The intersection of Johnston Road and Route 88 in Falmouth is considered to be a high crash location by the state, which is why the town is currently seeking possible solutions. Courtesy / Town of Falmouth

FALMOUTH — The intersection of Route 88 and Johnson Road is considered to be a high crash location because of the number of accidents there over the past three years, according to the state.

Now the town is seeking solutions to the problem.

At a forum held in early December, the 50-60 residents in attendance rated a variety of options, from reducing the speed limit on Route 88, which was well received, with 76% approving, to installing a mini-roundabout, which 50% didn’t like.

According to Town Manager Nathan Poore, the town will work with a consultant on ways to make the intersection safer for drivers, pedestrians and bicyclists; no cost estimates were discussed at the Dec. 11 event.

Poore also said there may be solutions that are popular with residents but aren’t feasible due to physical limitations or Maine Department of Transportation rules and regulations. For instance, the intersection is in a well-established neighborhood, so adding turning lanes or realigning the approach would be difficult if not impossible.

In addition, Poore said it would be up to MDOT where to place crosswalks or whether the speed limit could be reduced, that’s because Route 88 is a state highway.


According to the state, nine crashes occurred at the intersection between 2016 and 2018, which meets the threshold for a dangerous area.

Among popular options rated by residents, reducing the speed limit from 35 mph to 25 mph received wide support with 76% approving; increasing the number of street lights, a 63% approval rating; installing more crosswalks, 84%; adding more sidewalks, particularly on the north side of the intersection, 73%.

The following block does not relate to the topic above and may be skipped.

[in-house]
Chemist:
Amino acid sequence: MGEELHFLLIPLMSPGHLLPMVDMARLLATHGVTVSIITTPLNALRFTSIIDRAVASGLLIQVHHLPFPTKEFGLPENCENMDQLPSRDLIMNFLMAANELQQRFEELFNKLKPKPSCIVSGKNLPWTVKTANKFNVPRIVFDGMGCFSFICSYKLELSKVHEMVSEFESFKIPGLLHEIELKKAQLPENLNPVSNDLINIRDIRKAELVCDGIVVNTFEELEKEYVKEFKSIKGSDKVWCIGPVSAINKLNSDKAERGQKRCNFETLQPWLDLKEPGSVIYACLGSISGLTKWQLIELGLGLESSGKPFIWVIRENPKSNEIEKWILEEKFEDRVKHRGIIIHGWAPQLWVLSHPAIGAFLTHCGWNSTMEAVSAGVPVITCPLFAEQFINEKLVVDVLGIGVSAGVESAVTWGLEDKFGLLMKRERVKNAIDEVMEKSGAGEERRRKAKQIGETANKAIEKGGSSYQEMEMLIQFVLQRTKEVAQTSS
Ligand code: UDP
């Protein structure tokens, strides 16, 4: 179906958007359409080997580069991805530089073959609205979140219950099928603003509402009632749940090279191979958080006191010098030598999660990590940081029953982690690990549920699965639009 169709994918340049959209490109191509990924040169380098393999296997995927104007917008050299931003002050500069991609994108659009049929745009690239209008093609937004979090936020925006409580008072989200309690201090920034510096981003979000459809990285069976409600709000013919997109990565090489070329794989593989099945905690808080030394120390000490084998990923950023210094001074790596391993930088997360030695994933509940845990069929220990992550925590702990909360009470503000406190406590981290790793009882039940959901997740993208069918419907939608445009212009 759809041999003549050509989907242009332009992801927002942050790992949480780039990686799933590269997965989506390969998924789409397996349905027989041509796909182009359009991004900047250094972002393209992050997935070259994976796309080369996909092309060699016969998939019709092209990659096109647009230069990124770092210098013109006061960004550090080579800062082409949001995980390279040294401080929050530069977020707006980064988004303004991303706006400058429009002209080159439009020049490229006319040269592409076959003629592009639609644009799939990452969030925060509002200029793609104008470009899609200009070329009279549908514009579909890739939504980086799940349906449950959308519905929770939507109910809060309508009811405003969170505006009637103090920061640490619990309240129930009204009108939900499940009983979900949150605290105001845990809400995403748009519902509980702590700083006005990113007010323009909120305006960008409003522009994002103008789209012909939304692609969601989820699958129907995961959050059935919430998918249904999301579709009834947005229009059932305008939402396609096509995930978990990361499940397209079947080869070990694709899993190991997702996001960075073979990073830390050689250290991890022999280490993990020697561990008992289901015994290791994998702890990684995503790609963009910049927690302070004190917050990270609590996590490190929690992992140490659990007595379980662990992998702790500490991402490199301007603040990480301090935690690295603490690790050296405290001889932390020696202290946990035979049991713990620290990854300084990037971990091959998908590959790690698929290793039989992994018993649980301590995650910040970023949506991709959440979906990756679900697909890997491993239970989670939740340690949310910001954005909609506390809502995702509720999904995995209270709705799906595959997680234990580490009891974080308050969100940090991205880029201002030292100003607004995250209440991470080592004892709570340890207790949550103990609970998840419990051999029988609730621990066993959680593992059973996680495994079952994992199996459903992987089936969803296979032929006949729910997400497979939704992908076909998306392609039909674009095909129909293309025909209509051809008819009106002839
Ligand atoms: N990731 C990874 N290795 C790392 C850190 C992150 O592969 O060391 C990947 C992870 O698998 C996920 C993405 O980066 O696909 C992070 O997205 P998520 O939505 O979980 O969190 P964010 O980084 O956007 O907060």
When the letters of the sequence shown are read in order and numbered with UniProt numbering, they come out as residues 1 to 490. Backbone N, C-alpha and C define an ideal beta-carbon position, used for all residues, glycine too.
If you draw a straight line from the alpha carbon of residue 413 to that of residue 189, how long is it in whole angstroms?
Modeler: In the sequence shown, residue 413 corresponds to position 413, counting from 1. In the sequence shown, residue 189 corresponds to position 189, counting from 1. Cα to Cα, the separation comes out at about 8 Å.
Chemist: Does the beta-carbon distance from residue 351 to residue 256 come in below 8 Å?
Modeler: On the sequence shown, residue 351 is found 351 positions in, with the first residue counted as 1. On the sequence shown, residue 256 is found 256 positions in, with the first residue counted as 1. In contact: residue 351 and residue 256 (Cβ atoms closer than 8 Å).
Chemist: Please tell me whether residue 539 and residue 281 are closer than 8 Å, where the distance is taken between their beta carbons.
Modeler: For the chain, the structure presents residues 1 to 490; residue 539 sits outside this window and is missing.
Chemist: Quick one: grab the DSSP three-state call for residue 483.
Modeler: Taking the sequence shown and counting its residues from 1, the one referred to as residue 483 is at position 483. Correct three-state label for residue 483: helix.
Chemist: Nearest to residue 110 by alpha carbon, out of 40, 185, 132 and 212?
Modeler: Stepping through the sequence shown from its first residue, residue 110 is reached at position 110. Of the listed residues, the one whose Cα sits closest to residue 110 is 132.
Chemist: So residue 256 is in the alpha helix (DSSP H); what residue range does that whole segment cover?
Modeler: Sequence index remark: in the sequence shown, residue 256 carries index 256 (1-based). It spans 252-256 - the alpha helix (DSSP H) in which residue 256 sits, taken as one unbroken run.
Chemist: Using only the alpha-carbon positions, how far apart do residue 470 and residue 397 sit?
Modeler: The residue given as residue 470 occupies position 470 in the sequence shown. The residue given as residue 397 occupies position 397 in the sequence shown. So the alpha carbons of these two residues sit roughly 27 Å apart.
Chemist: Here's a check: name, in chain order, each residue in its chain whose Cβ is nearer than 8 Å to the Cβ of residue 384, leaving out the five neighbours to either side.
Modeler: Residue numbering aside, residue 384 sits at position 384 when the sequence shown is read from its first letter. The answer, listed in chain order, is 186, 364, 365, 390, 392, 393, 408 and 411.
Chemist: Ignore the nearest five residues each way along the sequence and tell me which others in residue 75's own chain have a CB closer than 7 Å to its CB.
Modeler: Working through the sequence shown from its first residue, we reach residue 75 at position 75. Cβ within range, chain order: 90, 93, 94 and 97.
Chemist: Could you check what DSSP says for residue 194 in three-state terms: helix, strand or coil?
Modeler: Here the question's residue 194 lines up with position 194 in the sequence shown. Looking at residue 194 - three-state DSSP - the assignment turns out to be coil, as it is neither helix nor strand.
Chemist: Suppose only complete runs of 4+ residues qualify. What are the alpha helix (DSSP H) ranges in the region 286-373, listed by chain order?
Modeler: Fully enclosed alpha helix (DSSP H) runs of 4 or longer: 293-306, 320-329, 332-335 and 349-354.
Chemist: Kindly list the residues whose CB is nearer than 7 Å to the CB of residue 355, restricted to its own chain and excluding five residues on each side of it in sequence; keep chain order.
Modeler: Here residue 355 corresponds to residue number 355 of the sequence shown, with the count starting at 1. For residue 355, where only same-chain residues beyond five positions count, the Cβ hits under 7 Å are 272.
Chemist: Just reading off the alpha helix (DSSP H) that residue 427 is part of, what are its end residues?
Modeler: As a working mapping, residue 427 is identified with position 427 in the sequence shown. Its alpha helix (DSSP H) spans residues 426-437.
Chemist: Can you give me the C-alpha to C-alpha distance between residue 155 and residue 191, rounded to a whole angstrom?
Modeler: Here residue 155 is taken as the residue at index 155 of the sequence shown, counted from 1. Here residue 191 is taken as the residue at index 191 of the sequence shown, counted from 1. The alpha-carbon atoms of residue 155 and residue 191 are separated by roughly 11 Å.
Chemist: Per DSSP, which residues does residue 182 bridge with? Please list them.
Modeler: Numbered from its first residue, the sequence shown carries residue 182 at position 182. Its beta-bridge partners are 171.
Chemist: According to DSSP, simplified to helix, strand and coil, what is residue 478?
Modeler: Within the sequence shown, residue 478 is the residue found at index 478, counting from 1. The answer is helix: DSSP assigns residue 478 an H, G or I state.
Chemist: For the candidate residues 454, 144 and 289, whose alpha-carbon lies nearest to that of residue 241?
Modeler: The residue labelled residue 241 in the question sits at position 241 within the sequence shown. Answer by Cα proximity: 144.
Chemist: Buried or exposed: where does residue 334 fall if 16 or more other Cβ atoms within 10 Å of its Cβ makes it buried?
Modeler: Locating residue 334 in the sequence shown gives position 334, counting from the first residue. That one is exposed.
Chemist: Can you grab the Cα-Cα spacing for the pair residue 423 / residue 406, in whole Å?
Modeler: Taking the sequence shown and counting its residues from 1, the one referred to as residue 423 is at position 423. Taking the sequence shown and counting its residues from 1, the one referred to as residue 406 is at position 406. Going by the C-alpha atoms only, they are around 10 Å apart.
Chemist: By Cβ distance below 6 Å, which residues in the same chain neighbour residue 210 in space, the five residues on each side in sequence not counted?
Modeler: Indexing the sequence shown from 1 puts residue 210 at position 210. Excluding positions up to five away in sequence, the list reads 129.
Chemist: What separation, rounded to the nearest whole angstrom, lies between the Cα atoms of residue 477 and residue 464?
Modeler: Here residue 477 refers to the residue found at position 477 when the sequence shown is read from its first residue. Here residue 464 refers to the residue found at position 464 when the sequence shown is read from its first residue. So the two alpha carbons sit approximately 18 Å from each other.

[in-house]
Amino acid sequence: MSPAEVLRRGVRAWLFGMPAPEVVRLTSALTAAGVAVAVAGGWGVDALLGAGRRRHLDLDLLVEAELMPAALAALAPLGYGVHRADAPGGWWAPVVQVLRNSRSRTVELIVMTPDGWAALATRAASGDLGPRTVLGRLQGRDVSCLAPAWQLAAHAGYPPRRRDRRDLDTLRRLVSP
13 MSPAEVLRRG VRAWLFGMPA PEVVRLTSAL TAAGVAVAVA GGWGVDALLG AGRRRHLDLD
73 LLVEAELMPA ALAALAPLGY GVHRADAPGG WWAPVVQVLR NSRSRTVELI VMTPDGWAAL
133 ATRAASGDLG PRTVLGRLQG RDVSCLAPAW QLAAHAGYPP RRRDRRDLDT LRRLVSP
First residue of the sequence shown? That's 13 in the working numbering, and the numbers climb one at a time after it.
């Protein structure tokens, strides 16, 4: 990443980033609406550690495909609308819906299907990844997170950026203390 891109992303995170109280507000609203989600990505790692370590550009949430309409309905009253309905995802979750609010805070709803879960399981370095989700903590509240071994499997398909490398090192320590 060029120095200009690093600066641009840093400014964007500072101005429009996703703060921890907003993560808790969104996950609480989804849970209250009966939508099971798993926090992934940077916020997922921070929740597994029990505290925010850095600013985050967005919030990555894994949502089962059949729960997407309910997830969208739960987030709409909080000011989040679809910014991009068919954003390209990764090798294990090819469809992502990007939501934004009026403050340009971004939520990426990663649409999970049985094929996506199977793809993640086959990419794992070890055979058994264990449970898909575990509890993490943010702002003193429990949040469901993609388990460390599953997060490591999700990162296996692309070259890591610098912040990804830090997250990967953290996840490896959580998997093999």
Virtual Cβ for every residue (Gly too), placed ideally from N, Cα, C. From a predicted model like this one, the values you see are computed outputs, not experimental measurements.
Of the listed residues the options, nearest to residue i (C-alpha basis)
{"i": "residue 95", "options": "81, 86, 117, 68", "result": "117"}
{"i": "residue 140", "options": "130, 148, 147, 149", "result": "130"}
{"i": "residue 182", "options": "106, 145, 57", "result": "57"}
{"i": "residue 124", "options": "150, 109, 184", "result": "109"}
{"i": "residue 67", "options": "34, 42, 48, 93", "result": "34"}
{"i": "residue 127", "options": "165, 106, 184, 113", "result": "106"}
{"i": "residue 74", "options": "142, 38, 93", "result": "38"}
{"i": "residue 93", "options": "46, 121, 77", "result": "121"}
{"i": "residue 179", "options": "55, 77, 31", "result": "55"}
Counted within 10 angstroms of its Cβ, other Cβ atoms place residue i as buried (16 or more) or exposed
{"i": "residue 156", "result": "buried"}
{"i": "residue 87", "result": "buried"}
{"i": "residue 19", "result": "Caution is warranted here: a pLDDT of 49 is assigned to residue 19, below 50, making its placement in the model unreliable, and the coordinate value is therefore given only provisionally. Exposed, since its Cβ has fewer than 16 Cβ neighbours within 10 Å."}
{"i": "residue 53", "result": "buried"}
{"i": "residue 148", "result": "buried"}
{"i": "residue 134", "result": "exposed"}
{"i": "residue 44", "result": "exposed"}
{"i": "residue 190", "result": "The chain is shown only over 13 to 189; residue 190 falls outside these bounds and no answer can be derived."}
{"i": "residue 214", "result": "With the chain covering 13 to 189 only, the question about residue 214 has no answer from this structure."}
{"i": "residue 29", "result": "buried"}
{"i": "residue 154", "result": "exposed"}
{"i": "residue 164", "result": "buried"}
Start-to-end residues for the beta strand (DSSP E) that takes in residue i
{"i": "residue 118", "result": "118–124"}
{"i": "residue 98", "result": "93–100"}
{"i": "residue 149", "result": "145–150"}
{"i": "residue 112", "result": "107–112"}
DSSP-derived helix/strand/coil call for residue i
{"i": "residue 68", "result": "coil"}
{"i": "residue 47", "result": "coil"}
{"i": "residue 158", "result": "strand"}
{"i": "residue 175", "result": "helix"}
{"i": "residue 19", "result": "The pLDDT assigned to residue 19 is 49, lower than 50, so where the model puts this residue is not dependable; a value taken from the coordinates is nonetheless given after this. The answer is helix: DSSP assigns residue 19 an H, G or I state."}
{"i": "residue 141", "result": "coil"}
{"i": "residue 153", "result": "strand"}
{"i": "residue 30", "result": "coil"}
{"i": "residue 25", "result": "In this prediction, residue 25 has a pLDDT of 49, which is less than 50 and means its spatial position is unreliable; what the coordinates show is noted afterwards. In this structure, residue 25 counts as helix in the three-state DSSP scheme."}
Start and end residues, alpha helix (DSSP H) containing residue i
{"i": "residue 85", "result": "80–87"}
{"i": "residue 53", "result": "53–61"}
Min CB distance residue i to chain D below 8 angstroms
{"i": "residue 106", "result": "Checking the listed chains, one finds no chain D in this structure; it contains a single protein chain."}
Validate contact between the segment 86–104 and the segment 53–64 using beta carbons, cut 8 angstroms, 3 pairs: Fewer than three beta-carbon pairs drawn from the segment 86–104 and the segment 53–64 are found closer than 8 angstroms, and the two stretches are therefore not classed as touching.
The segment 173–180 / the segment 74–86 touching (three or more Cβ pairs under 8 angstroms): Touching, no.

Those in attendance did not like the idea of adding a traffic light, 75% were opposed. But 54% did support installing a permanent radar speed sign and making the intersection a four-way stop instead was approved by 57%.

Installing pedestrian crossing signs also got a high number of votes – 65% – as did efforts to improve the overall sightlines by removing vegetation and other impediments, which garnered support by 67% of attendees.

Although many in attendance questioned the amount and speed of traffic, Poore said a speed survey conducted by the Falmouth Police Department in September showed that 85% of drivers obeyed the speed limit by traveling at or below 35 mph, while only a handful exceeded 40 mph.

While concerns were also raised about the intersection of Route 88 and Depot Road, Poore said only four crashes occurred there between 2016 and 2018, so it’s not as high a priority.

He said town leaders saw increasing concern about the Route 88 and Johnson Road intersection over the past couple years, which was the impetus behind holding the forum.

Poore said town staff would work over the winter with the consultant, T.Y. Lin International of Falmouth, and come back to residents later in 2020 with some recommendations for fixes.
In the meantime, those interested can stay informed of progress through a dedicated page on the town website.

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